New York, Feb 13 (AP/UNB) — Mexico's most notorious drug lord, Joaquin "El Chapo" Guzman, was convicted Tuesday of running an industrial-scale smuggling operation after a three-month trial packed with Hollywood-style tales of grisly killings, political payoffs, cocaine hidden in jalapeno cans, jewel-encrusted guns and a naked escape with his mistress through a tunnel.
Guzman listened to a drumbeat of guilty verdicts on drug and conspiracy charges that could put the 61-year-old escape artist behind bars for decades in a maximum-security U.S. prison selected to thwart another one of the breakouts that made him a folk hero in his native country.
A jury whose members' identities were kept secret as a security measure reached a verdict after deliberating six days in the expansive case. They sorted through what authorities called an "avalanche" of evidence gathered since the late 1980s that Guzman and his murderous Sinaloa drug cartel made billions in profits by smuggling tons of cocaine, heroin, meth and marijuana into the U.S.
As the judge read the verdict, Guzman stared at the jury, and his wife watched the scene, both with resignation in their faces. When the jurors were discharged and Guzman stood to leave the courtroom, the couple traded thumbs-ups.
U.S. District Judge Brian Cogan lauded the jury's meticulous attention to detail and the "remarkable" approach it took toward deliberations. Cogan said it made him "very proud to be an American."
Evidence showed drugs poured into the U.S. through secret tunnels or hidden in tanker trucks, concealed in the undercarriage of passenger cars and packed in rail cars passing through legitimate points of entry — suggesting that a border wall wouldn't be much of a worry.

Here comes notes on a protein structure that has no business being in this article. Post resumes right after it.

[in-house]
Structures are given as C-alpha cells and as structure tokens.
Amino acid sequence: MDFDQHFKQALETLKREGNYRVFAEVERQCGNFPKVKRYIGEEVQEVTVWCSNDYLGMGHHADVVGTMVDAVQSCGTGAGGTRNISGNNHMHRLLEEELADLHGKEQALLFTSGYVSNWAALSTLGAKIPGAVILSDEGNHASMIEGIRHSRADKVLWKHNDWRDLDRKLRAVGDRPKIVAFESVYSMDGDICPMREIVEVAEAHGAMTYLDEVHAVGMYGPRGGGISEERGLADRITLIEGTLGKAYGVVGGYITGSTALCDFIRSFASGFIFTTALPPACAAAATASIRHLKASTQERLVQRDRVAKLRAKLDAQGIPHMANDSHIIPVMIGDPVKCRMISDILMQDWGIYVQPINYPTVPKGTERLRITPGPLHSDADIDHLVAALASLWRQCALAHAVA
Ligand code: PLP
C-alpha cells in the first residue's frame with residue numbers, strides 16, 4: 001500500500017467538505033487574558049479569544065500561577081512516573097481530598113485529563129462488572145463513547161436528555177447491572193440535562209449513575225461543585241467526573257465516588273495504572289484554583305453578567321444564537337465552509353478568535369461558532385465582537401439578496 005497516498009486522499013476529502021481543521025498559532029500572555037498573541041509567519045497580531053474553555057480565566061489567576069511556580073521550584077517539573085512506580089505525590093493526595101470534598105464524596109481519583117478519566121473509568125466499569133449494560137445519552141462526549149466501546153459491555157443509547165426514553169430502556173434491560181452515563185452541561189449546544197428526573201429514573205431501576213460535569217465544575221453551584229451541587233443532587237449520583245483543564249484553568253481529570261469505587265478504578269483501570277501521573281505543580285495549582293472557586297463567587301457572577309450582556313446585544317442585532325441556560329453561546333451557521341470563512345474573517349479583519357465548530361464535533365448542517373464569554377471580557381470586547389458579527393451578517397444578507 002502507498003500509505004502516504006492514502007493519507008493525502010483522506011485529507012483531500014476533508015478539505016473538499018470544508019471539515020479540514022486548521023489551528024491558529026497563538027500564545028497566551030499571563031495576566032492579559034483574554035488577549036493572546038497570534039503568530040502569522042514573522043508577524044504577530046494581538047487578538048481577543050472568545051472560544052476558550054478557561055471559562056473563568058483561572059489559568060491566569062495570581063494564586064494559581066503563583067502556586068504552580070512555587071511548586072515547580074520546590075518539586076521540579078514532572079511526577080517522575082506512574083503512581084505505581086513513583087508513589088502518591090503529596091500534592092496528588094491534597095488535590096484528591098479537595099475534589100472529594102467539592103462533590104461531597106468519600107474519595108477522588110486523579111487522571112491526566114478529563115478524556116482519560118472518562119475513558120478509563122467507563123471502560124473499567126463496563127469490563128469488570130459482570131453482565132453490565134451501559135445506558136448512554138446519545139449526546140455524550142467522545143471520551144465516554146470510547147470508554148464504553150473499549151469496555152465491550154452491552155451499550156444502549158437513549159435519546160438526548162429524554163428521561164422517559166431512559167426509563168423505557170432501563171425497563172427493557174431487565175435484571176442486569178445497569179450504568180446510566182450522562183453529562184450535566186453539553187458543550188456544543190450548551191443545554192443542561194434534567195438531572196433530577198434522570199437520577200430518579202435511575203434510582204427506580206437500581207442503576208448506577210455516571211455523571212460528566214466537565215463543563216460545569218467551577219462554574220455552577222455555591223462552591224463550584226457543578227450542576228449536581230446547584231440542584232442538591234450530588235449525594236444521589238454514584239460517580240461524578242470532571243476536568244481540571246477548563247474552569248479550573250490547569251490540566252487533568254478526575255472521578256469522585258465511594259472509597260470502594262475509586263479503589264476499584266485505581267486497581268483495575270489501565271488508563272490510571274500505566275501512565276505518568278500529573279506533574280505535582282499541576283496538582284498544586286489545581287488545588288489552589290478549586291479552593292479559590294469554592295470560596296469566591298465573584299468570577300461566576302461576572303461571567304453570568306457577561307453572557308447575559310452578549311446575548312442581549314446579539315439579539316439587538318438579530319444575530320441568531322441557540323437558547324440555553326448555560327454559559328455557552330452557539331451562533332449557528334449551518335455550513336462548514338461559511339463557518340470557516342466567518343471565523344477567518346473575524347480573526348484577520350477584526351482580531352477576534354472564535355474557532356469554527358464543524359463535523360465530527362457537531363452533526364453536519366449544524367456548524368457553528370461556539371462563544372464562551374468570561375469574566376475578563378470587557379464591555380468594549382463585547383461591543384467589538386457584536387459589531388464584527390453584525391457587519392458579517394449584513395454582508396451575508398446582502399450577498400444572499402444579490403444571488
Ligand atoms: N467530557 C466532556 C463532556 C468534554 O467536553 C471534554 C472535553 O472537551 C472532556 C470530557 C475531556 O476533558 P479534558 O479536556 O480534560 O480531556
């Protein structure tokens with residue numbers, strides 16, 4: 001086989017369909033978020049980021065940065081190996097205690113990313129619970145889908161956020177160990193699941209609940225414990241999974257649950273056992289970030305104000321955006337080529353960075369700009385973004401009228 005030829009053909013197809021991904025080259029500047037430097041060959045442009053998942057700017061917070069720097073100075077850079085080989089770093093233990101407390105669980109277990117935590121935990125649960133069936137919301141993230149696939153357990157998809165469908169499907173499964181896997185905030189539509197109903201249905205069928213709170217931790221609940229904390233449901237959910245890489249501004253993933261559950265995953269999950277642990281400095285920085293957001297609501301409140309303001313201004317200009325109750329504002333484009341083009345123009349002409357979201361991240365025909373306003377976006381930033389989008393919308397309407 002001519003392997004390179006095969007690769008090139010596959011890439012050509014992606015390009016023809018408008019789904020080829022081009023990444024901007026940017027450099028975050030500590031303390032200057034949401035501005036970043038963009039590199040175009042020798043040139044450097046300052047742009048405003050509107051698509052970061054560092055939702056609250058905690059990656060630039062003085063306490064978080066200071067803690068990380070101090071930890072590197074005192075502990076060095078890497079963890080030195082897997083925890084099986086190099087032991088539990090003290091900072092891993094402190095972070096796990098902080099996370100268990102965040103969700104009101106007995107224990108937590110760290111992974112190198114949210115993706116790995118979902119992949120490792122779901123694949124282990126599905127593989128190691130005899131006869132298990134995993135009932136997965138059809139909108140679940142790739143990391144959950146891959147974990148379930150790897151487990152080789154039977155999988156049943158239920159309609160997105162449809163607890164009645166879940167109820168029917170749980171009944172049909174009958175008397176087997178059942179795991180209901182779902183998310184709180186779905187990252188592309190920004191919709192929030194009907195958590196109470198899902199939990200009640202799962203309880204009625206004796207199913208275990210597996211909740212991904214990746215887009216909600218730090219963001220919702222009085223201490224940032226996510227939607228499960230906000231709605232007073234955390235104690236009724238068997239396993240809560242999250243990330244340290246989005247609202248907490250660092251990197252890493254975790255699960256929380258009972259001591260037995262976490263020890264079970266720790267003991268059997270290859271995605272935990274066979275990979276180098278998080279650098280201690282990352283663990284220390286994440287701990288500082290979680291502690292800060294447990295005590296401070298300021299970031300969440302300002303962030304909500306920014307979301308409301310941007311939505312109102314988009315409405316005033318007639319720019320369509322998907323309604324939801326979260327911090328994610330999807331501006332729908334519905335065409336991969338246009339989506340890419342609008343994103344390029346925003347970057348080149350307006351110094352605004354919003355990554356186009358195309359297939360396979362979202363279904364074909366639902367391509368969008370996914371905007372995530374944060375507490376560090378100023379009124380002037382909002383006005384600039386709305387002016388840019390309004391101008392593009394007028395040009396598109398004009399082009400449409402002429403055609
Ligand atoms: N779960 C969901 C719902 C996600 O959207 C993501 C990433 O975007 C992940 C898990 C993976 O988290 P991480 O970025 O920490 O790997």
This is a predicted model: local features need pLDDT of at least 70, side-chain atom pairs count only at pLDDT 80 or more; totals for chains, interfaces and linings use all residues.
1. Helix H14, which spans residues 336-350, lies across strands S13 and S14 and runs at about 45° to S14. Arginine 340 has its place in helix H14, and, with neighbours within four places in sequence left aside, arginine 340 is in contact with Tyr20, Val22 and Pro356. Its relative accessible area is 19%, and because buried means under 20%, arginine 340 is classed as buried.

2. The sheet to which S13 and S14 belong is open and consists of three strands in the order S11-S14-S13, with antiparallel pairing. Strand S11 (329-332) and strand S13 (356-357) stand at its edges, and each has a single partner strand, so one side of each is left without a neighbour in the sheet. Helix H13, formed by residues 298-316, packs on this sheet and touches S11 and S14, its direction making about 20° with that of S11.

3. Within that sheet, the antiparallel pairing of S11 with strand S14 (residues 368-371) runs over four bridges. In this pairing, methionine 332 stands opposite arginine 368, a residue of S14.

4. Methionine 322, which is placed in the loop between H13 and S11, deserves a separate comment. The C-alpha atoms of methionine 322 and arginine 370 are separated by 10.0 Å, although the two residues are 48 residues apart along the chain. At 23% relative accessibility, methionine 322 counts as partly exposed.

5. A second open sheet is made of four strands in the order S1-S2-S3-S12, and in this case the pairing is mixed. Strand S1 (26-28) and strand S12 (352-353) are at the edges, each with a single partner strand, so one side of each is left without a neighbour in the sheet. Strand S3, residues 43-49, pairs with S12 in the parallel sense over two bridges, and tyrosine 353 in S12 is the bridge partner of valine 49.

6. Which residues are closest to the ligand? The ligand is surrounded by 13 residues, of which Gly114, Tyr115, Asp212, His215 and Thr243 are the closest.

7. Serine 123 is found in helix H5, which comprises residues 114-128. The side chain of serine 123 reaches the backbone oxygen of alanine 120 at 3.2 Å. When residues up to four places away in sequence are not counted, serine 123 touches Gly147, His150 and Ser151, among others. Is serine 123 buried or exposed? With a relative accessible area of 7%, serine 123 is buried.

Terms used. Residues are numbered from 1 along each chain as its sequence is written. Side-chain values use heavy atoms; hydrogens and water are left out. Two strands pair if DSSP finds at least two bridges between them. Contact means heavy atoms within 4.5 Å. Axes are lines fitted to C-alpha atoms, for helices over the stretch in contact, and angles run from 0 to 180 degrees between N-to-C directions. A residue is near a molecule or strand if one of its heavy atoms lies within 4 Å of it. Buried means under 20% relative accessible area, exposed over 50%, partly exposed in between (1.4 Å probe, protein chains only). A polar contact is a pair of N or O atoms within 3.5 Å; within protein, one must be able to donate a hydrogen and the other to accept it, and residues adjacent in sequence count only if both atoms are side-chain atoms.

The prosecution's case against Guzman, a roughly 5½-foot figure whose nickname translates to "Shorty," included the testimony of several turncoats and other witnesses. Among them were Guzman's former Sinaloa lieutenants, a computer encryption expert and a Colombian cocaine supplier who underwent extreme plastic surgery to disguise his appearance.
One Sinaloa insider described Mexican workers getting contact highs while packing cocaine into thousands of jalapeno cans — shipments that totaled 25 to 30 tons of cocaine worth $500 million each year. Another testified how Guzman sometimes acted as his own sicario, or hitman, punishing a Sinaloan who dared to work for another cartel by kidnapping him, beating and shooting him and having his men bury the victim while he was still alive, gasping for air.
The defense case lasted just half an hour. Guzman's lawyers did not deny his crimes as much as argue he was a fall guy for government witnesses who were more evil than he was.
In closing arguments, defense attorney Jeffrey Lichtman urged the jury not to believe government witnesses who "lie, steal, cheat, deal drugs and kill people."
U.S. Attorney Richard Donoghue called the conviction "a victory for the American people who suffered so much" while the defendant poured poison over the borders. He expected Guzman to get life without parole.
"It is a sentence from which there is no escape and no return," Donoghue told a news conference outside the courthouse, through snow and sleet.
He added: "There are those who say the war on drugs is not worth fighting. Those people are wrong."